On the CSSA paper, i now think you've got it right here too. This kind of case could be made against the sampling methodology of any cluster survey. There's nothing special here. Indeed, I might do a survey of Iraq and decide as a reasonable sampling methodology that I will select a start house by choosing the house in the area covered in the most bullet holes or bomb damage. Someone might challenge this as not a reasonable choice of sampling methodology for getting a representative sample of violence, but such a case could be made for any survey. Unless my critics themselves get funding, hire teams of interviewers and go to Iraq to collect data on houses with lots vs. little bullet and bomb damage, it's just trivial criticism and does not detract in any way from the sound scientific estimates i might publish based on my data.

Progress at last.

And the same old tune goes on . . . but now, with improved spelling!

Fred: I am arguing in good faith whether you want to believe it or not.

Fred: Don't believe you, sorry.

Res ipsa loquitur.

In your case, it happened to land you somewhere in the middle of a 42 page paper

I explained this to you: I scanned past the points that I couldn't verify until I found something that I could easily analyze without referring to the underlying data. Im not in a position to verify their info about re death certificates.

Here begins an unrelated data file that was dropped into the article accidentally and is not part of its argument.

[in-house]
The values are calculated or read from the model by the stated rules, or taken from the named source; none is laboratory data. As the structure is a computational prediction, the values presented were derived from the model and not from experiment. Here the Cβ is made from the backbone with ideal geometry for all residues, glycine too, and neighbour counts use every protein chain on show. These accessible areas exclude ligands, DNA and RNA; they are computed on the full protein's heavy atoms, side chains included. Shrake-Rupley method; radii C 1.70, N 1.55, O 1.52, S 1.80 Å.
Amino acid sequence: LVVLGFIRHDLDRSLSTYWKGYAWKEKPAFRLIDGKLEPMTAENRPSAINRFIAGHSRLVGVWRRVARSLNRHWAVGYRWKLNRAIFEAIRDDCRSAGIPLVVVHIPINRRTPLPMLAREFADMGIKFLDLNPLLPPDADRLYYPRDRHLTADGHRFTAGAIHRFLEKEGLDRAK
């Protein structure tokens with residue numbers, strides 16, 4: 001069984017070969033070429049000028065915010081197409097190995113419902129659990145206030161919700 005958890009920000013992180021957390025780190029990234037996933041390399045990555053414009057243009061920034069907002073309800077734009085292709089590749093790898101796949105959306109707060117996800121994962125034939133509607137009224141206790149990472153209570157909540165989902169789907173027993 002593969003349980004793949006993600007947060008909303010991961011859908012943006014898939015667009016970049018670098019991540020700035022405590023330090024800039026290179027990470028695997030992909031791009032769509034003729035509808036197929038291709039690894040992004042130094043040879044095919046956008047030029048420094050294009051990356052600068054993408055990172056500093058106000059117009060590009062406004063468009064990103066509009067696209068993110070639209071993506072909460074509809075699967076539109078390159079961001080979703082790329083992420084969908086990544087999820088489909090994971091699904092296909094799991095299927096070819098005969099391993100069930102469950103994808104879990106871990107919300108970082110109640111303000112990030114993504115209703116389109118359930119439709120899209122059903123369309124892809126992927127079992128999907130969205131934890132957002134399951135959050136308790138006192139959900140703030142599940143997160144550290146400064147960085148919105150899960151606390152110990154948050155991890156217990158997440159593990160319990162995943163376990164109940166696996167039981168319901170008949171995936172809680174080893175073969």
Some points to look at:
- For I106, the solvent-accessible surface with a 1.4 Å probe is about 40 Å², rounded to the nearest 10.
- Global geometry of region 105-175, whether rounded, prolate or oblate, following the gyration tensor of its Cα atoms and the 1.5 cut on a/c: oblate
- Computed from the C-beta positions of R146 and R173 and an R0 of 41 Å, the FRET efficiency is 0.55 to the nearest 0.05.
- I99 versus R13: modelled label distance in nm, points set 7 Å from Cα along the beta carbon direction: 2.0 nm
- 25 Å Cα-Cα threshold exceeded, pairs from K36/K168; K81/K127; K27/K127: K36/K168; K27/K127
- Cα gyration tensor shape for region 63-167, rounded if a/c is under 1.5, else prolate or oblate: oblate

Indeed, I might do a survey of Iraq and decide as a reasonable sampling methodology that I will select a start house by choosing the house in the area covered in the most bullet holes or bomb damage.

I think we all recognize that no amount of work by the Lancet authors could produce a work that you would accept. So, on a judgment-related matter such as this one, I would naturally expect you to take such a ludicrous position.
Would the Lancet studies have been better if they had more detail on street selection? Sure. If they had done so, would you be satisfied with the result? Of course not. I think that even you recognize this- this is not about some specific detail of the study, this is about denial.

When i read the Lancet study back in 2006, "the first thing I saw" was their Figure 4 graphic, which I believed was wrong and a piece of hackwork

Close, but not quite correct. Naturally, you've replaced my suggested methodology (analysis of method) with your preferred method: outcome-based belief.
You've also become confused between a poorly-designed graph and a basically dishonest statistical analysis. Everyone makes mistakes re making things more confusing that they need to be. Not everyone commits intellectual fraud. Prescreening data and then applying a statistical test that assumes random selection is dishonest.